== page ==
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Best Montreal French Canadian Restaurants

The French brought many things to Canada, but hands down it is their culinary taste we appreciate the most. Quebec is most famous for its tourtières (meat pies), pâté chinois, pea soup, baked beans, cretons, ham dishes, maple desserts such as Grand-Pères and molasses treats such as "tire Ste-Catherine" (St. Catherine's taffy). And, let us not forget the greasy goodness of poutine. So bring on the fat and sugar, and dig into these restaurants that cater to all your belle province needs!

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Inspired by British gastro pubs, all its flavor comes from Quebec. Modern cuisine set in a historic building. The menu boasts such dishes as lobster sliders, oysters, fish and chips, and a delish mac ‘n cheese. The house brew is the Gaspar lager, and other local beers include St-Ambroise suds.The restaurant is on Saint-Alexis, a small cobblestone street in Old Montreal. L’Orignal means “moose” in French. So expect game food heaven. Menu includes such things as lamb burgers, braised wild boar, and a bison rib steak.  The walls decorated with antlers, birch trunks arranged in large urns, and tables made of polished maple are also indicative of that French Canadian charm.This small diner has been open since 1938. This isn’t fine dining, but that doesn’t mean it isn’t worth your time. Everything is homemade and they serve great traditional Quebecois food. Some menu features include their trademark beans,tourtières, Pâté chinois, pouding chômeur, pea soup and spruce beer.Located in the Plateau, this cave-like space with brick and stone walls, and wood features makes for a perfect tête-à-tête – as the French would say. Owners Xavier Burini, Michel Charette and chef Audrey Dufresne have garnered a lot of foodie/wine geek buzz for being one of the best wine bars in town. Look up from your table and you'll see a blackboard listing a couple dozen wines sold by the glass. There are obscure wines -mostly French and organic-made by passionate "vignerons."This place has been serving up greasy goodness for almost twenty years. So calorie counters be gone! Many would consider this a go to poutine place. Even at odd hours it is fully packed.If you want the real French Canadian experience there is no better place than Chef Martin Picard's homage to sugar shack culture. Ya, you can go to the restaurant on Duluth and try his famous and fancy version of a poutine (fries, cheese curds and gravy made upscale with foie gras), but if you want the real provincial experience we suggest heading to Mirabel and willingly embrace a cholesterol coma.A top 10 list of French Canadian grub that didn’t include multiple poutine hot spots isn’t an authentic one. It serves twenty-five different kinds of poutine and is open 24 hours. On his television program, , American chef Anthony Bourdain recommended La Banquise as one of his favourite meals in Montreal.The restaurant’s name has no real significance other than the fact that it sounded good to the owners. A small selection on the menu, but you can be sure that each dish is as tasty as it is pleasing to the eye. This is contemporary cuisine with an emphasis on seafood.This byob features such menu items as duck, foie gras, deer and Quebec's finest cheeses. It is remarkably affordable for fine French cuisine. It’s quite a small locale so reservations are definitely recommended.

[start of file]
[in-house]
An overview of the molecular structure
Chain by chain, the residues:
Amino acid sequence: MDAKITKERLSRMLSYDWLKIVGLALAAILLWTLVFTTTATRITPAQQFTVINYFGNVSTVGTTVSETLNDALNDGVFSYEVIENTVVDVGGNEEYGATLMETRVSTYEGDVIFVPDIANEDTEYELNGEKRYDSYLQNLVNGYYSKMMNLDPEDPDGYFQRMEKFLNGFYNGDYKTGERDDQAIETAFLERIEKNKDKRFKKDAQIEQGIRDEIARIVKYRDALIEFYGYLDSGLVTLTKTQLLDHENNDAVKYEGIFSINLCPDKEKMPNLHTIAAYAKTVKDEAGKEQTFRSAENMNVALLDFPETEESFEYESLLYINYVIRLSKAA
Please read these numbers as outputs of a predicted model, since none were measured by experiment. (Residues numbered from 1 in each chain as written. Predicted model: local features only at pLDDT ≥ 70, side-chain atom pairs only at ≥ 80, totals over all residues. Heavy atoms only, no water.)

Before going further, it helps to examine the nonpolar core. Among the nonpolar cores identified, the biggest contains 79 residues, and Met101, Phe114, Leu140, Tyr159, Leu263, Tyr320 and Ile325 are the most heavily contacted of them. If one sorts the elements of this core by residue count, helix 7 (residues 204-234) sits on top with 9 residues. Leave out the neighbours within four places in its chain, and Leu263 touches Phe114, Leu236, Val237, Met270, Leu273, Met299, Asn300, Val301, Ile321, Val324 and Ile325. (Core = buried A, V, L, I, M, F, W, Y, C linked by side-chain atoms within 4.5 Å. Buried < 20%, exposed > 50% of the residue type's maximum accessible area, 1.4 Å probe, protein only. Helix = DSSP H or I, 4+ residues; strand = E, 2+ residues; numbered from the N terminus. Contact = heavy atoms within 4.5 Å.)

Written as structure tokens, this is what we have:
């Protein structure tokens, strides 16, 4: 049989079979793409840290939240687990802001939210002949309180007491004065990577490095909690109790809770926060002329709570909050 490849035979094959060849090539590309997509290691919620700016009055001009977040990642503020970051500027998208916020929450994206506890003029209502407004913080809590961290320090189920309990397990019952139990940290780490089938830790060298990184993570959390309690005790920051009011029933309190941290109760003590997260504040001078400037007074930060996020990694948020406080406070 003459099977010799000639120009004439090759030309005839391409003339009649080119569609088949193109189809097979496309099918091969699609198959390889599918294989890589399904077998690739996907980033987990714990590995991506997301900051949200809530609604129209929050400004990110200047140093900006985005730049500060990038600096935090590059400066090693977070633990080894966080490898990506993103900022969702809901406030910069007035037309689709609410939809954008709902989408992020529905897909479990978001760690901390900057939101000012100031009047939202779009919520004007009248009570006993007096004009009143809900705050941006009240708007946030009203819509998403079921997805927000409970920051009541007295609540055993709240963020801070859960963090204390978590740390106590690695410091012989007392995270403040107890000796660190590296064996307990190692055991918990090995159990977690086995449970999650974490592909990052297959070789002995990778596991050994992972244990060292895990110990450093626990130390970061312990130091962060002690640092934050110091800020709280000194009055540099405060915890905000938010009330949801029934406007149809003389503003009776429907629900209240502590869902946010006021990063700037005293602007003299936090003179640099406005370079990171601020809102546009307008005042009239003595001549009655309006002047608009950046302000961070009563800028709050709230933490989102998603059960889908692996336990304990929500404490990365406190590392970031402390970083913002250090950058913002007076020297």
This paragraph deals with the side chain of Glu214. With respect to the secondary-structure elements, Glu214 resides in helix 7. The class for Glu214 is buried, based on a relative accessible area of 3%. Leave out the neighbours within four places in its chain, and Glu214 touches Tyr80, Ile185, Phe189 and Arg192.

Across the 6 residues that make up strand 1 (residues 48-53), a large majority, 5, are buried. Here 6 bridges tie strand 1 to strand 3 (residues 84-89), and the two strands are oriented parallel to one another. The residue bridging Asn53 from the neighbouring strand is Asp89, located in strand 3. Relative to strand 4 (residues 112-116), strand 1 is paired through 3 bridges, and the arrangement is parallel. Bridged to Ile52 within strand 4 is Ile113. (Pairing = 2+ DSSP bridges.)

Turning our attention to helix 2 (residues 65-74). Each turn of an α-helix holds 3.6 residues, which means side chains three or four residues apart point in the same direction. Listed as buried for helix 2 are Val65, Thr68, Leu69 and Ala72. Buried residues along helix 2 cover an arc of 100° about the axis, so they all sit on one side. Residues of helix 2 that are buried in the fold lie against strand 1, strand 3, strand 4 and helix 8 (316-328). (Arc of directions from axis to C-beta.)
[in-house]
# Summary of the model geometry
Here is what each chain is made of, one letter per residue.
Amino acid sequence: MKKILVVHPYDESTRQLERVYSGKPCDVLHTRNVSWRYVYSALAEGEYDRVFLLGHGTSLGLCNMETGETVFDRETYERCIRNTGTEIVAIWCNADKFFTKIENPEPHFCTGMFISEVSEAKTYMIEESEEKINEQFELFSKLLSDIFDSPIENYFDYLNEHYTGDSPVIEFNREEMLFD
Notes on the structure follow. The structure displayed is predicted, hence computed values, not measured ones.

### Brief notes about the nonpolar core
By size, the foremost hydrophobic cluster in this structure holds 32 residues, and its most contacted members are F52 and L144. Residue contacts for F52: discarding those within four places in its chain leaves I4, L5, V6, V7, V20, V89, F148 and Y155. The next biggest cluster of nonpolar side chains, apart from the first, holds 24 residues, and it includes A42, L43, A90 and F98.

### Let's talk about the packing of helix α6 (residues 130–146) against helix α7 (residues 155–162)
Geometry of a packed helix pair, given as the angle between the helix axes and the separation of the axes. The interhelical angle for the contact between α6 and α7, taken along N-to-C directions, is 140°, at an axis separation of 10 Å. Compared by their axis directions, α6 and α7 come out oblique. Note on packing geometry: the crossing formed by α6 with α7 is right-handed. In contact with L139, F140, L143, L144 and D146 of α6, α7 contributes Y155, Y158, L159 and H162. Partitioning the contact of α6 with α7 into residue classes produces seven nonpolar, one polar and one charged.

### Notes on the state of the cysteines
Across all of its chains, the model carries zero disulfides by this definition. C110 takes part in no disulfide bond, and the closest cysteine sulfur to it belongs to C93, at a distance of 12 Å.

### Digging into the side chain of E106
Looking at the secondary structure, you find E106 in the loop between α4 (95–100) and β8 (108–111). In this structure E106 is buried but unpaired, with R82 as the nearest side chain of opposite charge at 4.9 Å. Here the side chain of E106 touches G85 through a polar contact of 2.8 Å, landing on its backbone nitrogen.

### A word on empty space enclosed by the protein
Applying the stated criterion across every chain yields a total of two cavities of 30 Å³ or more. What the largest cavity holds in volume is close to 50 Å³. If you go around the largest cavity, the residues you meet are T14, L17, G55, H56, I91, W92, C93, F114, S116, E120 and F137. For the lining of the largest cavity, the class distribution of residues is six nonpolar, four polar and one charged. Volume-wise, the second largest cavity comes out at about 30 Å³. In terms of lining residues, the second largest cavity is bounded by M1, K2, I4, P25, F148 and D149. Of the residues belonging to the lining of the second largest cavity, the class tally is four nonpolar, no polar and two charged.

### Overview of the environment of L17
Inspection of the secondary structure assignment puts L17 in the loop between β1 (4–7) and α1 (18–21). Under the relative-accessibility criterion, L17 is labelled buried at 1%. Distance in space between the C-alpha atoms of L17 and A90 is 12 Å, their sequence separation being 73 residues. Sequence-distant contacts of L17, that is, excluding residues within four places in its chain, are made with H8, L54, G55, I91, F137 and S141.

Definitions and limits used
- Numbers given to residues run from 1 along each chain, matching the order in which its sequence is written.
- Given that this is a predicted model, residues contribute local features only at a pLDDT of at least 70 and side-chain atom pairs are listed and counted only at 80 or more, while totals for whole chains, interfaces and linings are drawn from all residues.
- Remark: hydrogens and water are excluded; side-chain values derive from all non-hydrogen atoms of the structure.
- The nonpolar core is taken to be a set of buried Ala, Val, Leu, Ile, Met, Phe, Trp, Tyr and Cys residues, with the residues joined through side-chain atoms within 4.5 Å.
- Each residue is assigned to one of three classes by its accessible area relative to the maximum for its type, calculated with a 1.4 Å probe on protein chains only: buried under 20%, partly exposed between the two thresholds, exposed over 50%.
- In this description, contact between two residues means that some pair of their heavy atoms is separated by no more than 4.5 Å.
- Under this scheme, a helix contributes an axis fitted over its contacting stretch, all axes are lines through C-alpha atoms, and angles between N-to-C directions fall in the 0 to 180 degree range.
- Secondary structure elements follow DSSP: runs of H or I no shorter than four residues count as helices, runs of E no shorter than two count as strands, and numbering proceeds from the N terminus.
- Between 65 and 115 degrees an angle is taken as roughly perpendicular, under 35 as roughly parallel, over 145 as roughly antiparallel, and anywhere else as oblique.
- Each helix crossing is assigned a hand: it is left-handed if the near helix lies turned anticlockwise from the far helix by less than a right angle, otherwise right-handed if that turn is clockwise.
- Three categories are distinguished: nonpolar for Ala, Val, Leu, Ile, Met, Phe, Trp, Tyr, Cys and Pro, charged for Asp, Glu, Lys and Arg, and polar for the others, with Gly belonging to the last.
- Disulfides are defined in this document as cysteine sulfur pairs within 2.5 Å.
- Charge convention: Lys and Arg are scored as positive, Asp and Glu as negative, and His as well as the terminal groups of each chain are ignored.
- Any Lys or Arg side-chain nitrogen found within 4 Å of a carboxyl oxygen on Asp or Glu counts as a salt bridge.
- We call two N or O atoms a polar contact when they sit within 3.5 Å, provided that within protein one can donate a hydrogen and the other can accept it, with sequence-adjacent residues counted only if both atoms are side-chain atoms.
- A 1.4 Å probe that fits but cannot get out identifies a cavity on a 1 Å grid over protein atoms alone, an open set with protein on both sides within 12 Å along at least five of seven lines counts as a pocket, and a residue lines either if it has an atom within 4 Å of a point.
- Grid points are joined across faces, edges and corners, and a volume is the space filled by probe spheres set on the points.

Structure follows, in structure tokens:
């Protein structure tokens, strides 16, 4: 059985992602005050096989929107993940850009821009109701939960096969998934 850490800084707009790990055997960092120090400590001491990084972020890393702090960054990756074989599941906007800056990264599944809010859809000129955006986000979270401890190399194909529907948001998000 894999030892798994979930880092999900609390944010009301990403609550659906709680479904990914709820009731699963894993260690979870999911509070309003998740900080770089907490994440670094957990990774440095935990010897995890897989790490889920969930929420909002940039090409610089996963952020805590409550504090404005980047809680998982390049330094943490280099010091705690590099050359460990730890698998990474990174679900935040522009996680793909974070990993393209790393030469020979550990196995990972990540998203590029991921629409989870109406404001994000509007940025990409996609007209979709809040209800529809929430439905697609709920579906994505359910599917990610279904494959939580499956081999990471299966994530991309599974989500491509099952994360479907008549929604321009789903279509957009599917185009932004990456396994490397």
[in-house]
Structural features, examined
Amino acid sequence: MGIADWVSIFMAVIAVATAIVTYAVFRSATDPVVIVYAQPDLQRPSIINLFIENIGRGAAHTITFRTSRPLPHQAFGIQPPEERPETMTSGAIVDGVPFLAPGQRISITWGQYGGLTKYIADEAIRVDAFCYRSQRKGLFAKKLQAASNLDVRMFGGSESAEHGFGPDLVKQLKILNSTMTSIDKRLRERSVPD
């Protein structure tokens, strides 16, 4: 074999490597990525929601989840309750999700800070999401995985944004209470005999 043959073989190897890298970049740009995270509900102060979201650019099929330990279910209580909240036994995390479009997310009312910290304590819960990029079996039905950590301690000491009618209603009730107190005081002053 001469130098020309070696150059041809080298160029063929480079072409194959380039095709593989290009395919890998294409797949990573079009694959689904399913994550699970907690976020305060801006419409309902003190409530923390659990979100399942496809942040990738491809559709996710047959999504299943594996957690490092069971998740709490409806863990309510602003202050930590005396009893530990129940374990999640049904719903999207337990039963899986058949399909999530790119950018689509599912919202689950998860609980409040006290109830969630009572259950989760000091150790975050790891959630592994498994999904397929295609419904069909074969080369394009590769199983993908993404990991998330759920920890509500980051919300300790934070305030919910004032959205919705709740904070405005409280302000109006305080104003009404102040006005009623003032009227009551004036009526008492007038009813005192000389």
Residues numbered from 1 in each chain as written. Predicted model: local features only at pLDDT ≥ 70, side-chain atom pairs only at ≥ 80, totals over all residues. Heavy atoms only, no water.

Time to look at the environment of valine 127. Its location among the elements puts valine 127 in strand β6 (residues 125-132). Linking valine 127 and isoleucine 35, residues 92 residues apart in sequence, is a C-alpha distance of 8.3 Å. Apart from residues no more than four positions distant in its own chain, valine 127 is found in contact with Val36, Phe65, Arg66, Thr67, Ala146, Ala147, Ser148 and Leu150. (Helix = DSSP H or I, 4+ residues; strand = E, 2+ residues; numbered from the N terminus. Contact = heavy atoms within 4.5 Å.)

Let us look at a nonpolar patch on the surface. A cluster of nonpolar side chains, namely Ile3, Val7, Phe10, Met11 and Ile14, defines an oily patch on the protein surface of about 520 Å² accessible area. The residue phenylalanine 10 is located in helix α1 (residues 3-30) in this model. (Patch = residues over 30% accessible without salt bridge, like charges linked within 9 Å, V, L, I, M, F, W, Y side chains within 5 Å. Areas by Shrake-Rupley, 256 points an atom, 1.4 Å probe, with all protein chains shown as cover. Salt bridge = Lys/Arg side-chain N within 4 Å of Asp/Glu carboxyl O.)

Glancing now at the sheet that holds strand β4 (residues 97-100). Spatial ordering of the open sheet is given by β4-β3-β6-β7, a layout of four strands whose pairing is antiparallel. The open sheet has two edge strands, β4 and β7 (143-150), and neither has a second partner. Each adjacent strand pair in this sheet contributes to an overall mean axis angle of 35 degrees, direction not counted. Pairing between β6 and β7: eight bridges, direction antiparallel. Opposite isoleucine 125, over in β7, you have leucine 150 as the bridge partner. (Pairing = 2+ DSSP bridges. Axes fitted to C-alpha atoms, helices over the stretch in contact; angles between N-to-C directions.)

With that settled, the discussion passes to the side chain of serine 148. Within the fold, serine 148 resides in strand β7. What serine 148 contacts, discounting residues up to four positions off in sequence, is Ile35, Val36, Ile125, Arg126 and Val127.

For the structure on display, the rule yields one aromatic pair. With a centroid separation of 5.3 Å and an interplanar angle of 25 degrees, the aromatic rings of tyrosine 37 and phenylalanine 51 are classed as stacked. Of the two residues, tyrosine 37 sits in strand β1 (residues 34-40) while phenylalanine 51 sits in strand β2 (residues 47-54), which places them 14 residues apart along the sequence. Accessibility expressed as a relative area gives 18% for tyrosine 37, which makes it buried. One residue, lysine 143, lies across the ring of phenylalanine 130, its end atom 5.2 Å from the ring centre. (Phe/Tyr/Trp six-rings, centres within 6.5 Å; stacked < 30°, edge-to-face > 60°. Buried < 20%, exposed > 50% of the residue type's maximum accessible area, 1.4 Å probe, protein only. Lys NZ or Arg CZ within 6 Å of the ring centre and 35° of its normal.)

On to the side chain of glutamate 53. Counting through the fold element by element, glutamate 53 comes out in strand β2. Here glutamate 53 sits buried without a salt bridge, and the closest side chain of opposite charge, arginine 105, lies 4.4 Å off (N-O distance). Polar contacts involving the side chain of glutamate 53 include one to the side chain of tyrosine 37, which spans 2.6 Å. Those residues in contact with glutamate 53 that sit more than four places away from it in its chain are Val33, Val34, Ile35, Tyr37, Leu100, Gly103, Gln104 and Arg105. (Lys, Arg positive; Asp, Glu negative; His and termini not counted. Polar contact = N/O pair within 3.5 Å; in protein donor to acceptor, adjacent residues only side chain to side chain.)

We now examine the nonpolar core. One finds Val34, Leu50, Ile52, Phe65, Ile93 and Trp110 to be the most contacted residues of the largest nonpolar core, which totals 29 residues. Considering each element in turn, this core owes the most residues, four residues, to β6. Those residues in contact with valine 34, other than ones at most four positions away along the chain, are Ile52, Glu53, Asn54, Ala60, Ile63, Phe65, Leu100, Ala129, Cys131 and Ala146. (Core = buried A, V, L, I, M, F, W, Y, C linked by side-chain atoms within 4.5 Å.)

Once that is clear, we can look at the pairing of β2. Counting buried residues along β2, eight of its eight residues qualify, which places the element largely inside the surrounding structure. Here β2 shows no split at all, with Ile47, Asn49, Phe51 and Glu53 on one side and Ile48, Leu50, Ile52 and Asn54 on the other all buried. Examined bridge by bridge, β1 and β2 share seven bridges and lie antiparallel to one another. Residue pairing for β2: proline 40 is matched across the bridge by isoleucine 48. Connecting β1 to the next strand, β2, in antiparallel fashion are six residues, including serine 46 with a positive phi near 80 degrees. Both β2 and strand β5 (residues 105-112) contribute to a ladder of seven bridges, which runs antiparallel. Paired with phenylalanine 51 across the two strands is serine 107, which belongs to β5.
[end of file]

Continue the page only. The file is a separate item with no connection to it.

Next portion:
Taverne Gaspar

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L’Orignal

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Binerie

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Les 3 Petits Bouchons

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Photo credit Montreal, Best Food Ever Blog

Patati Patata Friterie de Luxe

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Photo credit Shut up and eat

Au Pied de Cochon Cabane à Sucre

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La Banquise

No Reservations

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Bouillon Bilk

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La Colombe

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Europea

1227 Rue De La Montagne Montréal, QC H3G1Z2

Might want to start saving up for this one because this is French Canadian fancy à la max. If it’s made it on Frommer’s as a must see in Montreal it's got to be doing something right. Celebrity chef Jérôme Ferrer was also named one of the world’s top restaurant chefs of 2012 by Trip Advisor. They’ve got interesting ways to serve your dishes such as pastrami chips hanging on a miniature clothes line, cheese cigars presented in a humidor, and an over-sized ball of candy floss in a bowl.

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Are their other French Canadian restaurants that you know of that didn't make the cut and should have? Let us know!

Written by Amanda Fulginiti, see more of her work here.

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